- Screw-in CFL – 8,000 to 10,000 hours
- Plug-in CFL – 10,000 to 20,000 hours
- HID – 10,000 to 24,000 hours
- Fluorescent – 24,000 to 36,000 hours
- LED – 40,000 to 50,000 hours
Bulbs that are used in hot or cold temperatures, in areas that become wet or in places that are prone to vibrations typically won’t reach the Average Rated Life, while those used in typical indoor conditions should.
Types of Bulbs
Each of the different light bulbs available have their own unique features that make them an ideal option for different lighting scenarios. From energy savings to the light they produce, this chart illustrates the differences between each bulb type.
|Type||Average Cost||Light Color||Energy Savings/Year||Mercury Content||Heat Output (3.41 BTUs per Watt)||Durability|
|CFL (26 Watt)||$2.50 to $3.50||Warm White to Cool White||75%||Low Levels||89 BTUs/Hour||Glass Can Break Easily|
|Fluorescent (60 Watt)||$4.00 to $10.00||Cool/Bluish White||25%||High Levels||205 BTUs/Hour||Glass Breaks Easily|
|LED (1 Watt)||$10.00 to $50.00||Bluish White||85%||None||3.4 BTUs/Hour||Durable, Hard to Break|
|Incandescent (100 Watt)||$0.50 to $3.00||Yellowish||0%||High Levels||341 BTUs/Hour||Filament and Glass Breaks Easily|
|Halogen (50 Watt)||$5.00 to $10.00||Warm/Cool White||28%||None||170 BTUs/Hour||Glass Can Break Easily|
|Xenon (40 Watt)||$3.00 to $9.00||Warm White||20%||High Levels||136 BTUs/Hour||Glass Can Break Easily|
Whether you have modern lighting or simple lamps, the fixtures you use help determine the bulbs that will work best in them. While the following don’t have much to do with lighting terms in general, understanding the right bulbs for the fixtures will ensure you create the lighting schemes that work best in different rooms.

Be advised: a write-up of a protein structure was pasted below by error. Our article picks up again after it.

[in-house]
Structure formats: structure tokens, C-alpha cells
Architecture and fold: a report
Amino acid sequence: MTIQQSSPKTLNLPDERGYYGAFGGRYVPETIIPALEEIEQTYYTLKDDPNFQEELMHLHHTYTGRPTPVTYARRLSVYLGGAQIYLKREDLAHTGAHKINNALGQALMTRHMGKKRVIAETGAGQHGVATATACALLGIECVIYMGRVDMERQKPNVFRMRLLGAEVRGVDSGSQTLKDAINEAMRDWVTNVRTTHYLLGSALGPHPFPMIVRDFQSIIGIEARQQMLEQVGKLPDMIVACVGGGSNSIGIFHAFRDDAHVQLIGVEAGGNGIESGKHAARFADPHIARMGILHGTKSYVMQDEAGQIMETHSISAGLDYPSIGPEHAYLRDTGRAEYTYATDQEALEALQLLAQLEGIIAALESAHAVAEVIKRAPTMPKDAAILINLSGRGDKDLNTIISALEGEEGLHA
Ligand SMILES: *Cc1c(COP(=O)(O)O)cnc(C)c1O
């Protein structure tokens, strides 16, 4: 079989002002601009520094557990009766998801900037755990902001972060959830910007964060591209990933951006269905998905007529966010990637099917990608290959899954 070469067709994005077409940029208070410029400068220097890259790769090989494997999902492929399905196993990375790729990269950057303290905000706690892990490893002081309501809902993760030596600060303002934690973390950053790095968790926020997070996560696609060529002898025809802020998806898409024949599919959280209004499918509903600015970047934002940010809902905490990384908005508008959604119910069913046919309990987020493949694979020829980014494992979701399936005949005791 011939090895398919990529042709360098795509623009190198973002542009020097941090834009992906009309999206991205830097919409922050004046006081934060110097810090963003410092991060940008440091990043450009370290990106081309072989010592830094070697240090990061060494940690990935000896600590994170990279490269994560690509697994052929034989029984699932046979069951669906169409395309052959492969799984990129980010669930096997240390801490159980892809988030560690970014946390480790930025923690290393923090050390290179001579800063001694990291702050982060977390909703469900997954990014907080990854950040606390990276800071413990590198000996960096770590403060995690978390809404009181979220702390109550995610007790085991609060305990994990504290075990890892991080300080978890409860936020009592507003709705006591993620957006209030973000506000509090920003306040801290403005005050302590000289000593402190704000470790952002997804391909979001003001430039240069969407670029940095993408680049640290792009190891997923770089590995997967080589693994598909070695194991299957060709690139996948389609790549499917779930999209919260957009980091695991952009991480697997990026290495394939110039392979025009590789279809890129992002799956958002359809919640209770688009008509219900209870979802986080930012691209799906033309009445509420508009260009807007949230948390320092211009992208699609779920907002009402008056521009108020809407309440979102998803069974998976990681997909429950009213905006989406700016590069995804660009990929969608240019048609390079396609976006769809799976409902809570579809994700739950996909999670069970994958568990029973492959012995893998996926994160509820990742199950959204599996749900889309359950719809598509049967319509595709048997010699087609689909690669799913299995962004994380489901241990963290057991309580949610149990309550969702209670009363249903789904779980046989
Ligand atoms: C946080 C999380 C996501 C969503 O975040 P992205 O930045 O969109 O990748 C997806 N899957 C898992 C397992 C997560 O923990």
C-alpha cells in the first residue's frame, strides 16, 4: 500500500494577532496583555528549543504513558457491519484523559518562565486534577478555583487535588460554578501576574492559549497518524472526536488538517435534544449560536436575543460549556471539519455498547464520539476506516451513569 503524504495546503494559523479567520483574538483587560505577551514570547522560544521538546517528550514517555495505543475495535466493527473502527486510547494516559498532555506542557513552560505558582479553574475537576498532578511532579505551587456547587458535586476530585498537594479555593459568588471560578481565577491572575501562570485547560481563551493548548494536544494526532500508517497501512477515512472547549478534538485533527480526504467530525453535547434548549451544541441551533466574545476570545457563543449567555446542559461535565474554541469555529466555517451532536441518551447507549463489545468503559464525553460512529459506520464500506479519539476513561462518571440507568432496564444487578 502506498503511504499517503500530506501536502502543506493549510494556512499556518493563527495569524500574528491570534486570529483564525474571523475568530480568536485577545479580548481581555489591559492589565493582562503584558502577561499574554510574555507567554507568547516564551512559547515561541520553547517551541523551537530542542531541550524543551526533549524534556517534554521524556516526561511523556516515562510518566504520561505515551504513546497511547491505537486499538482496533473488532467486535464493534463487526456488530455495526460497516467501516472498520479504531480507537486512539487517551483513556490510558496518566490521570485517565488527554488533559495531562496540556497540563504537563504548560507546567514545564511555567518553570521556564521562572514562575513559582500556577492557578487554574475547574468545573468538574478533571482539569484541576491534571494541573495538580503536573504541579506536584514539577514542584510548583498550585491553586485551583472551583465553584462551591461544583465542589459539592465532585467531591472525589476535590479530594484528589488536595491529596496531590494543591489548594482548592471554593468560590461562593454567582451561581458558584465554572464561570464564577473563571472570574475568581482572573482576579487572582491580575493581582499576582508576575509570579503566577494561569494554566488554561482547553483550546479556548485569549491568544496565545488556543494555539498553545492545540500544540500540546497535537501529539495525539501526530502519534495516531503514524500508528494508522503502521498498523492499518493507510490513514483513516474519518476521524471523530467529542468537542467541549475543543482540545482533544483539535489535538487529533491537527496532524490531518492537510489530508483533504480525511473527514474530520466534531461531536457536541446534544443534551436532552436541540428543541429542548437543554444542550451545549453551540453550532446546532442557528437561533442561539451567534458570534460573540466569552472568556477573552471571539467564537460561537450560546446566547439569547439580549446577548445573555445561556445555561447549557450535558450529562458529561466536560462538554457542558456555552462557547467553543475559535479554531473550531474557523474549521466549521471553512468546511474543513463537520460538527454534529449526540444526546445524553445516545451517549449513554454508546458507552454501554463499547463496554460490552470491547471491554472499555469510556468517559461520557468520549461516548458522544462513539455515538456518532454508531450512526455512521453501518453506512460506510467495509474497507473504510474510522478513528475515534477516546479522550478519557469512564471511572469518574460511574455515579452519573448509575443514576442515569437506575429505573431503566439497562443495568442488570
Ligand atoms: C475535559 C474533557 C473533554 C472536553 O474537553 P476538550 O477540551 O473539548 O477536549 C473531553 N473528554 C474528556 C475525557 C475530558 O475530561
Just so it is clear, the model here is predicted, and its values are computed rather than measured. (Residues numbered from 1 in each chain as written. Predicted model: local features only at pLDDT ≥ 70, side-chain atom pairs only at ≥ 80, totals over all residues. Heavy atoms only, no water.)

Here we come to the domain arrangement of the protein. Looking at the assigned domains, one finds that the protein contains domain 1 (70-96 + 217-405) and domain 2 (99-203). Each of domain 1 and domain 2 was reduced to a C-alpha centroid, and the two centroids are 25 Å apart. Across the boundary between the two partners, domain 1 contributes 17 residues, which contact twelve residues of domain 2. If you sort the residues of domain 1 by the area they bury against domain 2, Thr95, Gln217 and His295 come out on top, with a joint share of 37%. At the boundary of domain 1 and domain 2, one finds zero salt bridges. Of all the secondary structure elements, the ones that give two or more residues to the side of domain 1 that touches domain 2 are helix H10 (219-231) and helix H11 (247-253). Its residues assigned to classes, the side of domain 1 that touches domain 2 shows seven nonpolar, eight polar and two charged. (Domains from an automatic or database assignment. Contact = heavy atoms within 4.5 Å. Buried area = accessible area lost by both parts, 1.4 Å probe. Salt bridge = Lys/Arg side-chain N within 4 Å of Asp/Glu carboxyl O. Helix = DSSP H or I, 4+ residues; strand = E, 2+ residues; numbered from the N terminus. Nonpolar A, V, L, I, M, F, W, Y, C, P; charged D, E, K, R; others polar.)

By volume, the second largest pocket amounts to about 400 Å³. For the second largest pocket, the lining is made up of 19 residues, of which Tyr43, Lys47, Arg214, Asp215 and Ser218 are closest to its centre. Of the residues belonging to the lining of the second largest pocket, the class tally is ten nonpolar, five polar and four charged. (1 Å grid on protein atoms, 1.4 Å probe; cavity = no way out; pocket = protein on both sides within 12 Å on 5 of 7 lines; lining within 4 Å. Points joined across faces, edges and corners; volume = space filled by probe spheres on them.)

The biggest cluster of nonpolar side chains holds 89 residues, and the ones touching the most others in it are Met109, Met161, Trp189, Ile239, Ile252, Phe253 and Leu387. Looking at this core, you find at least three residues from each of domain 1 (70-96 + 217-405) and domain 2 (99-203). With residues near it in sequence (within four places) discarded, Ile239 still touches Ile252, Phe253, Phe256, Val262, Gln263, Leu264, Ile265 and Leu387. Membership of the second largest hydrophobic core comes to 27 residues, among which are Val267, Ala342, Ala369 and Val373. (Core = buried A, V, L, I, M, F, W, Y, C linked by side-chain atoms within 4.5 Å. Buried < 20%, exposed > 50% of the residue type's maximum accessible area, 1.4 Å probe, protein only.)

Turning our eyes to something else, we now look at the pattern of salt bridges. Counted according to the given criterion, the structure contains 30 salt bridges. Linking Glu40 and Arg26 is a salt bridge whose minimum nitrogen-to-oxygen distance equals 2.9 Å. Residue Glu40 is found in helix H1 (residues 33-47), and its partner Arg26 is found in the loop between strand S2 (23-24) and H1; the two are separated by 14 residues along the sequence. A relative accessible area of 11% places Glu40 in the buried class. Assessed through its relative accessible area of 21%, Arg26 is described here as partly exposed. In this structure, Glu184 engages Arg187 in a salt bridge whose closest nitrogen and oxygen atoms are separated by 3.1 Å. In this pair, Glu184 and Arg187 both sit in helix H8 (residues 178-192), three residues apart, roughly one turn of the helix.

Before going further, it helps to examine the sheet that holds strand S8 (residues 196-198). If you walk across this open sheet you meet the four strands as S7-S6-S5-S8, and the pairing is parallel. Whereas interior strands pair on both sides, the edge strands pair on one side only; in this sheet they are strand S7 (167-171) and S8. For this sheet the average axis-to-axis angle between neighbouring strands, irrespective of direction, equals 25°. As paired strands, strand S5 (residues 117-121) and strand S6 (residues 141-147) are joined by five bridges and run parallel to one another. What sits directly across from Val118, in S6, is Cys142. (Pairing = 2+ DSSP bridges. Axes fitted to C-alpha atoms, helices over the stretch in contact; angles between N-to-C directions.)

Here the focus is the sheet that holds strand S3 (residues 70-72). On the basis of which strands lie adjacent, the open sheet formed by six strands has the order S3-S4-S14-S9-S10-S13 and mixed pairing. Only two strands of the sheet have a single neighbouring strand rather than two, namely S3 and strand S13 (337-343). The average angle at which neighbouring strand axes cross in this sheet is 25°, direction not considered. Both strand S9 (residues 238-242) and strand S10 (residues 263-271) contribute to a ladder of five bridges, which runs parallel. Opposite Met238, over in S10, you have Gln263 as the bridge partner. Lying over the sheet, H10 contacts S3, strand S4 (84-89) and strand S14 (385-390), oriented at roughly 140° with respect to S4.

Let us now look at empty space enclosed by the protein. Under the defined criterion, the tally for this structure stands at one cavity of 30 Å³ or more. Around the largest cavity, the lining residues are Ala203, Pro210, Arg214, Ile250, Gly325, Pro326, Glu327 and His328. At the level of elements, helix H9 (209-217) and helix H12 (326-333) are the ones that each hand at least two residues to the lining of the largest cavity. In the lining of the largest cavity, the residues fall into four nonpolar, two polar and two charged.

Lamps provide ambient and task lighting throughout a space. If you’re looking for an option that provides a warm glow in all directions, or that is dimmable, halogen bulbs are an ideal option. Using bulbs that offer a multi-directional beam eliminates bright spots of light on your tables and floors and makes sure there is plenty of light in the space.
Pendant lighting adds beauty and style to any space. With the right bulbs, they can also work well as task lighting. Consider CFL or LED bulbs for simple lighting that provides a warm, single-direction glow. Halogen bulbs offer bright, cool light that keeps prepping areas illuminated. They also work well on dimmers, which provides ambient lighting for any space.
The fixtures in your ceiling offer a world of lighting possibilities. Ceiling lights can provide bright task lighting with higher wattage LED, halogen or CFL bulbs.Chandeliers are an ideal choice for adding warm, natural light to a space with LED and CFL bulbs in warm color temperatures. Consider mini-chandeliers for smaller areas to add warm, inviting light.
Wall sconces can provide ambient, accent or task lighting depending on the bulbs you choose. Warm, yellow light from CFLs and some LED bulbs provide just the right amount of light for pathways and illuminating areas at night. Add bright LED or halogen bulbs to create task lighting. Consider bright, bluish bulbs that accent architectural designs to draw the eye with plays of light and shadow.
Recessed lights, such as those used under cabinets or set into the ceiling, let you create interesting and functional illumination based on the bulbs you choose. Bedrooms and living rooms deserve warm white light that isn’t jarring to the eyes. Consider bright bulbs like LEDs and halogens that are higher on the Kelvin scale for reading areas. When using recessed lights in work areas and kitchens, bulbs that provide bright, white light ensure optimal illumination for detailed work.
Accent lighting options like track lights allow you to show off that special piece of artwork or highlight a single-wall paint scheme that ties the room together. LED bulbs provide bright light that remains cool, which makes them ideal for use around paintings, sculptures and plants that may be affected by additional heat.
Putting Your New Knowledge to Use
Now that you understand the more puzzling lighting terms and how they can help you choose the right bulbs, you’re ready to put your knowledge to use. Purchase bulbs based on the lighting needs throughout the space, or consider the efficiency of each option to lower energy bills and the overall impact on the environment. Mix and match the available bulbs to create the lighting you want, all while keeping an eye on the most efficient choices available.